According to the National Safety Council, 53 percent of drivers around the country believe that talking on the phone while driving is safe as long as they use hands-free technology. However, Pennsylvania motorists should be aware that studies show that talking on a hands-free device while behind the wheel is just as dangerous as using a hand-held device, with both raising the risk of a car crash by four times.
In an effort to save lives, the NSC has designated April as Distracted Driving Awareness Month. As part of the campaign, the organization is offering free tips, videos, posters and other resources to educate the public on the hazards of distracted driving, particularly the dangers of talking on the phone while driving.
The NSC says that phone conversations demand more brain power than most drivers realize and can lead to delayed braking times and missed traffic signals. The organization also says that talking on the phone while driving is especially dangerous because it is so prevalent. For example, texting while driving raises the risk of a car crash by up to 23 times, but only 0.6 percent of drivers do it. In contrast, phone conversations raise the risk of an accident by four times, but 9 percent of drivers are guilty of it. Further, NSC believes that cellphone use while driving is likely underreported.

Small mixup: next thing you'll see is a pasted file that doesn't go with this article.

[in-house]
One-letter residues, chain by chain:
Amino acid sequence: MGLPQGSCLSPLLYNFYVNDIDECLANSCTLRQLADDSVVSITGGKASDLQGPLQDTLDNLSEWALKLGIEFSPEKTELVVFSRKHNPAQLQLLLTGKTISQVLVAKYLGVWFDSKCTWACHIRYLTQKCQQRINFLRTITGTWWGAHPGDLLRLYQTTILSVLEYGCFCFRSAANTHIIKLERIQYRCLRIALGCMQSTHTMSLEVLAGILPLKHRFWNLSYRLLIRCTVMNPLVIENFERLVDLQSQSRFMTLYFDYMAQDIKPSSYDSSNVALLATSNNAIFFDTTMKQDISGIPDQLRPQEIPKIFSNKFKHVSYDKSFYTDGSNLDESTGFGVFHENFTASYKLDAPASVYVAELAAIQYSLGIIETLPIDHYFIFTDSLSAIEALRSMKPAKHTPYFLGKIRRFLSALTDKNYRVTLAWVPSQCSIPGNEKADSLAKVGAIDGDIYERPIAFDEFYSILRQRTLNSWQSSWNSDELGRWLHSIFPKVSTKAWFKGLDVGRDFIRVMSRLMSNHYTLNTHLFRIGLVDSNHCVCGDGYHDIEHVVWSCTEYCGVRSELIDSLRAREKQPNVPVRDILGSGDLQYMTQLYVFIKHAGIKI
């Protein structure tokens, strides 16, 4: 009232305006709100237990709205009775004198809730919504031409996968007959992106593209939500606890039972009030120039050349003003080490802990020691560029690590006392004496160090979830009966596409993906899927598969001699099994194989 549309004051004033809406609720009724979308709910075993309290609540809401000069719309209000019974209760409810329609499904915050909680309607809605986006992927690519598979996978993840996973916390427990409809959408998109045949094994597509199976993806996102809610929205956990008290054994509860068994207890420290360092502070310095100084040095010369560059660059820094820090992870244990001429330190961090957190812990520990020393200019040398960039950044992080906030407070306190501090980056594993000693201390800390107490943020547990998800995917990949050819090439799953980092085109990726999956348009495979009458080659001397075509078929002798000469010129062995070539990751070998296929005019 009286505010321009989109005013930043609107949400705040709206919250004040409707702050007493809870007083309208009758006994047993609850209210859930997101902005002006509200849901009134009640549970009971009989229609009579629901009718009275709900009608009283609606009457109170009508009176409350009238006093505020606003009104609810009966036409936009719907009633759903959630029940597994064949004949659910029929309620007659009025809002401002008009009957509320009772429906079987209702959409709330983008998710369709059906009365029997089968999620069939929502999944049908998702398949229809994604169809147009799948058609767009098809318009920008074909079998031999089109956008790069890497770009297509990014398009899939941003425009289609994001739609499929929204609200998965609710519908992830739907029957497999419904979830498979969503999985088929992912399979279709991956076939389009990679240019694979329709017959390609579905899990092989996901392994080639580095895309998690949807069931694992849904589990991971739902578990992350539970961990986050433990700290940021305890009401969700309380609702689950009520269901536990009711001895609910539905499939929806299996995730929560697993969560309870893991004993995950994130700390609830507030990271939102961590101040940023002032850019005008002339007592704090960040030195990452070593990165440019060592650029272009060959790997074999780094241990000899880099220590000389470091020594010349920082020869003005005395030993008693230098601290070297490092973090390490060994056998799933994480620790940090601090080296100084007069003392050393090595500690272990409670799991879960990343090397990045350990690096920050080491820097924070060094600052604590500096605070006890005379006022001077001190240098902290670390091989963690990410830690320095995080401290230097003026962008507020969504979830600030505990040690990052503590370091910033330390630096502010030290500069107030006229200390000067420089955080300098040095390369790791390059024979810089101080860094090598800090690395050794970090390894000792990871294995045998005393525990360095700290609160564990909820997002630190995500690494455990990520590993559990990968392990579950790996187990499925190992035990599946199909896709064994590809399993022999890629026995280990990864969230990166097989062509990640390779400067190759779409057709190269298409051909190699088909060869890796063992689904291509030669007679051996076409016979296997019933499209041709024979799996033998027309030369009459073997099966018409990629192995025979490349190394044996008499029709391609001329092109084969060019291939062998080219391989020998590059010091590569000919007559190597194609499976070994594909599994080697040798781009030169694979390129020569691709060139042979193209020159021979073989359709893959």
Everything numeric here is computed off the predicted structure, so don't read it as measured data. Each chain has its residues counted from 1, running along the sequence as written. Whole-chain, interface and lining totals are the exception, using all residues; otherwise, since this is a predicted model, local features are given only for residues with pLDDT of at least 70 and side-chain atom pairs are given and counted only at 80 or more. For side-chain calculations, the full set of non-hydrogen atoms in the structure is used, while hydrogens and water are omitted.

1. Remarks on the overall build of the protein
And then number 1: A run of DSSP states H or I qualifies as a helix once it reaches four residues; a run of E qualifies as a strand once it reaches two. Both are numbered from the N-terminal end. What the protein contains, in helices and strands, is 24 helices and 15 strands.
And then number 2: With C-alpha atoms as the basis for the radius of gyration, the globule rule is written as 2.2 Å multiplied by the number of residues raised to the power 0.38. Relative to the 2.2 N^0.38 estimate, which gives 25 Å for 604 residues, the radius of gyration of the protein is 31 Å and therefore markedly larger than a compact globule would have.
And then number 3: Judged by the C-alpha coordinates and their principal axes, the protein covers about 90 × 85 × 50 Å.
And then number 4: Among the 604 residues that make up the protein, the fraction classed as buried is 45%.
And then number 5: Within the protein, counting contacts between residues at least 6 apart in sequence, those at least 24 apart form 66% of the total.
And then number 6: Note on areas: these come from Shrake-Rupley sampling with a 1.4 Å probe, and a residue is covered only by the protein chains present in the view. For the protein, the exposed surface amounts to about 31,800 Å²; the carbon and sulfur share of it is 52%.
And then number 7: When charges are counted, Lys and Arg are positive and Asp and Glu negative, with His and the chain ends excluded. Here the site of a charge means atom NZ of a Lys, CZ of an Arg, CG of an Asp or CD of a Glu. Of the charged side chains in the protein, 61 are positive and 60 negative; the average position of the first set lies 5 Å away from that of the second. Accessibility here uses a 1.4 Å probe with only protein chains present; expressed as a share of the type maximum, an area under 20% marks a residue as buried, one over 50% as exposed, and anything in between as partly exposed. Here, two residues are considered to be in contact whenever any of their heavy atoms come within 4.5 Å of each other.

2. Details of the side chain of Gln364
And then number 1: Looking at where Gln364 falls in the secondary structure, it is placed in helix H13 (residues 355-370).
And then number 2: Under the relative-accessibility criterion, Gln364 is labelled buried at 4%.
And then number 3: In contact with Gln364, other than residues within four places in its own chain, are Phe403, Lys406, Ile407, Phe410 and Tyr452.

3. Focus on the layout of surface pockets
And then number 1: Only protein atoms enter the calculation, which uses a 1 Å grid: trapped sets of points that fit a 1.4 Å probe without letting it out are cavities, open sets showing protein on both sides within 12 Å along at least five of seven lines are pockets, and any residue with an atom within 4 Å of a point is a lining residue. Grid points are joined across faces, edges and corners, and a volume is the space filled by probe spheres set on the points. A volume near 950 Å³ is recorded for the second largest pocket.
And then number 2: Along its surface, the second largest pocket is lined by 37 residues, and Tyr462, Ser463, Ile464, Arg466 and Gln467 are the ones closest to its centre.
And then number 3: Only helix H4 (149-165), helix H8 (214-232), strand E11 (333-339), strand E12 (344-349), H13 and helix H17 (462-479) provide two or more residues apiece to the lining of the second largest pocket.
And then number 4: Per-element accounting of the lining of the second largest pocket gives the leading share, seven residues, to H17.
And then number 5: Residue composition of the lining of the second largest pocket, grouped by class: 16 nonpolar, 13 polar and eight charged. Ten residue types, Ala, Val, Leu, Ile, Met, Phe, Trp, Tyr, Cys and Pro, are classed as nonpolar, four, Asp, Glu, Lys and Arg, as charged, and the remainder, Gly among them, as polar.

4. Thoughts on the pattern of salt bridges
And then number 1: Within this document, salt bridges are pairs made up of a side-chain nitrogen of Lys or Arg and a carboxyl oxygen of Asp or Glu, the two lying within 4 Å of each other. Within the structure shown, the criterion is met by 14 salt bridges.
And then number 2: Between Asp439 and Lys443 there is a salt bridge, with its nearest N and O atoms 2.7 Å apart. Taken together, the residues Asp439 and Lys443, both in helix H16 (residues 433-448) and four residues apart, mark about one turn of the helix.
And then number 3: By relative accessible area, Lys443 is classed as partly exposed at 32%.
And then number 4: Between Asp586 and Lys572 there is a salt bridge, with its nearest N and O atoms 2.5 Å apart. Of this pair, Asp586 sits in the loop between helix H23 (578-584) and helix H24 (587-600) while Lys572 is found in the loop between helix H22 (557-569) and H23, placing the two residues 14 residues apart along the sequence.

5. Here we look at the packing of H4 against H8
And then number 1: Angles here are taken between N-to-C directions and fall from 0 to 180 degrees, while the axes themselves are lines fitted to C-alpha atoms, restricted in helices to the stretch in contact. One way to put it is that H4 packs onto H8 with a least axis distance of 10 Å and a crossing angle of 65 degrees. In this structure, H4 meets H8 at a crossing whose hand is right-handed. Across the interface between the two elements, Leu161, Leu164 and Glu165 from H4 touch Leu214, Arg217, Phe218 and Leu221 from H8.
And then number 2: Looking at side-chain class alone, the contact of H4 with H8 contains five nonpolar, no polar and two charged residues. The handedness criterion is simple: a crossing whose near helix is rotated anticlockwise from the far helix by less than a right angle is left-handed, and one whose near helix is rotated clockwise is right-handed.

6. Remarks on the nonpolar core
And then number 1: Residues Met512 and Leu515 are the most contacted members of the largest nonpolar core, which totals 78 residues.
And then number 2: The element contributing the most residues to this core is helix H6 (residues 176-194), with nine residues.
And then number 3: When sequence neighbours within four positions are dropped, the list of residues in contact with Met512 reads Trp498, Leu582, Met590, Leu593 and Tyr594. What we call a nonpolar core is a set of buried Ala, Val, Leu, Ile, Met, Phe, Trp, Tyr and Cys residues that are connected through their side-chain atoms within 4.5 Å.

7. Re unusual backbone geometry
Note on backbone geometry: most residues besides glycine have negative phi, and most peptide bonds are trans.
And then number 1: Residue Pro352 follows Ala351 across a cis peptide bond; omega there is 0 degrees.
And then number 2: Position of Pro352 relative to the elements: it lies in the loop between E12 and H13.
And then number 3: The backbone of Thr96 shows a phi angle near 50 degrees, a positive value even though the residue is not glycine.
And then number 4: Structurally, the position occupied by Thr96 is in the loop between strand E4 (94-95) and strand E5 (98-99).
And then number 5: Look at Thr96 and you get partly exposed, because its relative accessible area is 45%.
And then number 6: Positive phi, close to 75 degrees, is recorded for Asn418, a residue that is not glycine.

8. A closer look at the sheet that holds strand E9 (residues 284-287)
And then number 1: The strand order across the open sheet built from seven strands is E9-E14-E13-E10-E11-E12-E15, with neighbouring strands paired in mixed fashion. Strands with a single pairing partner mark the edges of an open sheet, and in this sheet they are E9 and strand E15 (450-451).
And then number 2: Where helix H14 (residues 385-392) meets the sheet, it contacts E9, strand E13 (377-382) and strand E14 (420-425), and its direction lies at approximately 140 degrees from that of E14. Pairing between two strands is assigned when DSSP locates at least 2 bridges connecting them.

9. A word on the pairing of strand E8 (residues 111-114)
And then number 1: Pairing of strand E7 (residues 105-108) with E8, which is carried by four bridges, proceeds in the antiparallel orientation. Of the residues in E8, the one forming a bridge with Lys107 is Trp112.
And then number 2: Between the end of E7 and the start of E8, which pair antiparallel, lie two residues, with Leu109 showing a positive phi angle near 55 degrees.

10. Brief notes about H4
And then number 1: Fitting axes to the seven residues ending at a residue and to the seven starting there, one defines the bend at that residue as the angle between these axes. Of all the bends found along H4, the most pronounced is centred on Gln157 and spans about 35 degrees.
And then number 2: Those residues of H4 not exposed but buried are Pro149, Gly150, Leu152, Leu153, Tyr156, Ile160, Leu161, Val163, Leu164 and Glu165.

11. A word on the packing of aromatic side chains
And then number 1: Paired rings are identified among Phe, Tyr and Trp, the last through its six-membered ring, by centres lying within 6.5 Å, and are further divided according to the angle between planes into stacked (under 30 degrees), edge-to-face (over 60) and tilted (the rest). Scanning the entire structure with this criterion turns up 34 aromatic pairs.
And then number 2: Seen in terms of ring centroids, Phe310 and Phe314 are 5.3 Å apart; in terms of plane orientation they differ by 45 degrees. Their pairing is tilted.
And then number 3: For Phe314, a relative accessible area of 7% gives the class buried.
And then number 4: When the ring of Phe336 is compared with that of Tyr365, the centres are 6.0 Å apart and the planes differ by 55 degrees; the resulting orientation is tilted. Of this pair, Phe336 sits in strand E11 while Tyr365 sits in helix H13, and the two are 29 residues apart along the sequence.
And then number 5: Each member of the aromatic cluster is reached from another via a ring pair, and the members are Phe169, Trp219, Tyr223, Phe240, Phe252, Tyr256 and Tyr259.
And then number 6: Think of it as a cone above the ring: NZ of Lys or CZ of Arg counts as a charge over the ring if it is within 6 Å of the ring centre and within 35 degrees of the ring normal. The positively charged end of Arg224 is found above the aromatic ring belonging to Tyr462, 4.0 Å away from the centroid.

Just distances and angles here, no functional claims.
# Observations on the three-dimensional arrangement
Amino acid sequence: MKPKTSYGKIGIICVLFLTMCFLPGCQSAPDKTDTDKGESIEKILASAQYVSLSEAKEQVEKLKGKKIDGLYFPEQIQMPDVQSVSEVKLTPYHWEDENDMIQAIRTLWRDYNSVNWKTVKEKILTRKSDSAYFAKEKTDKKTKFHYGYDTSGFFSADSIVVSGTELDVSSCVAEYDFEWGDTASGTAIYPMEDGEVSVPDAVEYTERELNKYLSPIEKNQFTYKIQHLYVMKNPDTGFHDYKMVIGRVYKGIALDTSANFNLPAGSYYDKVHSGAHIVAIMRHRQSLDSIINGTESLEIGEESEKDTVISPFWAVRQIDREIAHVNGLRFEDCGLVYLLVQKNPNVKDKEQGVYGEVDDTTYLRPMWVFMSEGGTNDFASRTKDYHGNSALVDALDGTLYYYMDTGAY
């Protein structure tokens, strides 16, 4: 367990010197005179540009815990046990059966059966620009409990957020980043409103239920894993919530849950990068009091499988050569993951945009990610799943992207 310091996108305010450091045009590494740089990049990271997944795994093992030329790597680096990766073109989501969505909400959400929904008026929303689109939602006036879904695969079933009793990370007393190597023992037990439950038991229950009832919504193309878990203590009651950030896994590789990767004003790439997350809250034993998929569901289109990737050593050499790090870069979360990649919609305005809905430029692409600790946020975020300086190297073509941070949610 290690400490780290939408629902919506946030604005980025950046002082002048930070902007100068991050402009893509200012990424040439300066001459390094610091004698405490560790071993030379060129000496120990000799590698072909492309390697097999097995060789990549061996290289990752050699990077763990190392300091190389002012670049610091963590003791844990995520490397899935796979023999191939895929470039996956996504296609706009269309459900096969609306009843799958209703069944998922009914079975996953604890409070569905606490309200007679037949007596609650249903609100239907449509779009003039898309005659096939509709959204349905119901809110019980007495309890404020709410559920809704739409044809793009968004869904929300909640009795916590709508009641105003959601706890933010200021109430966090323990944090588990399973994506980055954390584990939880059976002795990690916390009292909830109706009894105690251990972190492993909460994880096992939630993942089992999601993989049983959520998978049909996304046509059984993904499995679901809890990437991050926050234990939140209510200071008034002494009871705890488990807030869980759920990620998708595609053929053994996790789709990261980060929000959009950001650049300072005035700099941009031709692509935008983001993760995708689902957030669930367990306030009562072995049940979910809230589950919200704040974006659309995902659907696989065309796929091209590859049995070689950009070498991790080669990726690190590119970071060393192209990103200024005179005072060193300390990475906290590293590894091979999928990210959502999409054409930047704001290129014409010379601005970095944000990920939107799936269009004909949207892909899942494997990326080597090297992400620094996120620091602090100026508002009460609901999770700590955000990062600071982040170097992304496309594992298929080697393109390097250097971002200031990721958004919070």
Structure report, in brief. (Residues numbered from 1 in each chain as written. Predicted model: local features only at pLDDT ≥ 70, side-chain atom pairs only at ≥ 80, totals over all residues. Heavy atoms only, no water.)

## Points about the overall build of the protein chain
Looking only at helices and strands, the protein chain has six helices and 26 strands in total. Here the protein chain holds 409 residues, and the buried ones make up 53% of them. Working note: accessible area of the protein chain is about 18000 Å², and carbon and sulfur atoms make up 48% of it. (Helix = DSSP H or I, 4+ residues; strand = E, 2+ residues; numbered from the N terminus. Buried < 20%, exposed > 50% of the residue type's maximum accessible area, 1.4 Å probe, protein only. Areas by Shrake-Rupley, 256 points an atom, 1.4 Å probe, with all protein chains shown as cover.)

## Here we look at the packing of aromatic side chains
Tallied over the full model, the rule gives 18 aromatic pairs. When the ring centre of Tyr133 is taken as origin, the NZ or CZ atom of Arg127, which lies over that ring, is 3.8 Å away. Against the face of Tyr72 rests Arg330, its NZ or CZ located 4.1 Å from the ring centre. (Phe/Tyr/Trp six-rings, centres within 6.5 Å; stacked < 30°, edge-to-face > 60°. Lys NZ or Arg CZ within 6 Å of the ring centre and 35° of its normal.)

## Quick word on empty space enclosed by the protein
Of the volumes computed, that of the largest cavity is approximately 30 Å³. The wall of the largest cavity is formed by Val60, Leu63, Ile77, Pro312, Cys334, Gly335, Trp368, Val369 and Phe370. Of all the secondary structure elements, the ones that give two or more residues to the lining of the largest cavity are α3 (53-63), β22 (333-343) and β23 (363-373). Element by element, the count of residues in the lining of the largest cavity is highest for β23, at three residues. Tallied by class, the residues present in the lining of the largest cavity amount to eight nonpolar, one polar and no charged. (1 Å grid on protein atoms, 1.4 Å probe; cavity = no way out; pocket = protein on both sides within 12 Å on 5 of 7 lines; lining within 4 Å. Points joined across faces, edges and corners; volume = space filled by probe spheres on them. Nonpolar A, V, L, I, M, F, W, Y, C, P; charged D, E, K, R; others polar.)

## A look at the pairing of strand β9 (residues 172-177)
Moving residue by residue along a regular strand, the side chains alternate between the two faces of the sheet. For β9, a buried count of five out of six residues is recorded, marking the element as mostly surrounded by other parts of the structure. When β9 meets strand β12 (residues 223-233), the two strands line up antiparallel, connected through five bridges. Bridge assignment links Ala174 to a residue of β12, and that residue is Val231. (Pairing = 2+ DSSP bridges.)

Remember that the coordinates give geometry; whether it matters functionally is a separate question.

Distracted driving can lead to serious car accidents and catastrophic injuries. While it is far harder to test for inattentiveness than it is for impairment, attorneys representing injured victims can often use cellphone records and eyewitness testimony to demonstrate that a motorist was using a phone right before a collision.
Source: NSC, "Distracted Driving: One Call Can Change Everything," April 18, 2016